I think the recognition of the Sikh of the previous incident by myself and his recognition of me was both mutual and instantaneous. This Sikh immediately he recognized me went to his cab and pulled out an object which I recognized as a starting handle. He again ran toward me shouting and gestulating [sic] and brandishing this starting handle in a threatening manner. As I was on the ground I realized that if this Sikh struck me with the staring handle he would do me [deleted] [indecipherable word] [/deleted] serious and grievous bodily harm and since on a previous occasion about two hours
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earlier this same Sikh had struck at me with what appeared to be the same starting handle I naturally had great apprehension that I was likely to come to some injury.
I am armed with a Smith & Weston [sic] pistol revolver of .38 calibre as my personal weapon which is entered in my Air Force India from 667/B and I normally carry this pistol about with me when on duty. On this particular occasion this pistol was under my drifing [sic] seat. It was at this time loaded I was standing near the cab door when the Sikh began to run towards me. I reached inside the cab and pulled out the pistol since I had no other means at hand to protect myself against this sudden attack. I brandished the pistol thinking the Sikh would think better of attacking me and go away. However, he continued towards me and so that he could see my pistol I advance towards him. When I had reached the rear of my truck the Sikh still came on. He was about three to four yards from me by now and still realising that I would be seriously injured should the Sikh strike me I fired my pistol to pull him up. I fired about a yard or more from his feet at the gravel and to his left side. I saw the bullets were going into the soft earth on the side of the road. I was firing in an oblique line across the Sikh’s front. I fired six shots in rapid succession in about five seconds and although the firing halted the Sikh he still stood there brandishing the starting handle in a threatening attitude until I fired the sixth shot when he turned round and ran away to the rear of his own lorry. Being familiar with pistol firing, it came as an automatic action for me to unload the pistol which I did letting the empties fallt o [sic] the ground. I did not stop to pick up the empty cartridges but jumped on to my vehicle and returned immediately to the R.T.O’s Office where I reported the incident to F/Sgt Mitchell who had in the meantime returned from Salboni. This F/Sgt, was my immediate superior and is in charge of that M.C. Section.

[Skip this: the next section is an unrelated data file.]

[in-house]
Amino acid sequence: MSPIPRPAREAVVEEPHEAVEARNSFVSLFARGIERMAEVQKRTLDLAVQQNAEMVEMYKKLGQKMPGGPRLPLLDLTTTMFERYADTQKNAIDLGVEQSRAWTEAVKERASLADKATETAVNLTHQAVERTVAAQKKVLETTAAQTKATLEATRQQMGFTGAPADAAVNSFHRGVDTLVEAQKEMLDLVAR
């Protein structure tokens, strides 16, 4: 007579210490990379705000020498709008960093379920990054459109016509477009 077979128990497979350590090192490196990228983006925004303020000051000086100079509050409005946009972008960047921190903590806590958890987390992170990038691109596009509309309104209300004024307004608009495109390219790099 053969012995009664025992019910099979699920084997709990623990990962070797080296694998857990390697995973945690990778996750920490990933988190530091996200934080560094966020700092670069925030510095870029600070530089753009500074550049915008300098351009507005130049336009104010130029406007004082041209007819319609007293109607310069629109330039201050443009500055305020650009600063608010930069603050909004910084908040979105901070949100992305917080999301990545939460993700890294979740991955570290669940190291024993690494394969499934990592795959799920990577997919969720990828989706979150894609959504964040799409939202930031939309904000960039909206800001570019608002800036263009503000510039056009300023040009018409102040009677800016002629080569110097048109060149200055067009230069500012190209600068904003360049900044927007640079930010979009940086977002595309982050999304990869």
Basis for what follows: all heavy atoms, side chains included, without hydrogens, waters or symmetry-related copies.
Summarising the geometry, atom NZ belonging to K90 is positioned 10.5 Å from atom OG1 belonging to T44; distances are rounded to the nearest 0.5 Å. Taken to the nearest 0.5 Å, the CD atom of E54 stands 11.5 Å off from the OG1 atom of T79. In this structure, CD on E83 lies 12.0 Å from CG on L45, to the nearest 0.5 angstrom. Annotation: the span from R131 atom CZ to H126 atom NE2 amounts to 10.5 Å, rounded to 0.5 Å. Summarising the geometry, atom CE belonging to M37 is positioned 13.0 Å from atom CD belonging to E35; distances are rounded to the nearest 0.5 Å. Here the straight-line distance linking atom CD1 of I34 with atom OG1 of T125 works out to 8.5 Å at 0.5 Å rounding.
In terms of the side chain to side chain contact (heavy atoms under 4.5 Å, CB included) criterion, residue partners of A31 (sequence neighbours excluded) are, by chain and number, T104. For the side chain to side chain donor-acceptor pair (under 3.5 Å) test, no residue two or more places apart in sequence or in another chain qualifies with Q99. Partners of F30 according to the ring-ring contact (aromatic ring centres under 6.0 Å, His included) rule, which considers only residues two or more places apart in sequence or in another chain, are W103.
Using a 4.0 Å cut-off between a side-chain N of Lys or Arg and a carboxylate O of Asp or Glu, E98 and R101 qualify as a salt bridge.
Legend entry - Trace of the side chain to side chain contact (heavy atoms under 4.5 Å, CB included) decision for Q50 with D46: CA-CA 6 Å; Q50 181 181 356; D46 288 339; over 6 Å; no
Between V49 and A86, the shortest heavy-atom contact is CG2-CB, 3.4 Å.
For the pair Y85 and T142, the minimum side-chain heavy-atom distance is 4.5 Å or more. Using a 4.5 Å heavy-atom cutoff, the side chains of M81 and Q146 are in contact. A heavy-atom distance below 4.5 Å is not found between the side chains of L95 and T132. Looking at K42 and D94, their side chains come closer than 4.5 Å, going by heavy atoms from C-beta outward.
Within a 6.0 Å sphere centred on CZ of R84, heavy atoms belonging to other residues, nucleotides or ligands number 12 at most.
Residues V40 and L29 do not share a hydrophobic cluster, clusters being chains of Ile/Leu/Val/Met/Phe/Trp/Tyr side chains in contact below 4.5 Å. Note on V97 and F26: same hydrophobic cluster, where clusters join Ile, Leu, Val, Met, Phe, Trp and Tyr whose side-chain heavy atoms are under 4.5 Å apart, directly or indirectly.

While the incident was taking place I saw that one Indian civilian was in the driving cab of the stationary lorry. A third Indian civilian with this party I saw standing by the side of the lorry while the shooting was taking place.


Thomas White, “Statement by Thomas Hamilton White,” IBCC Digital Archive, accessed December 1, 2023,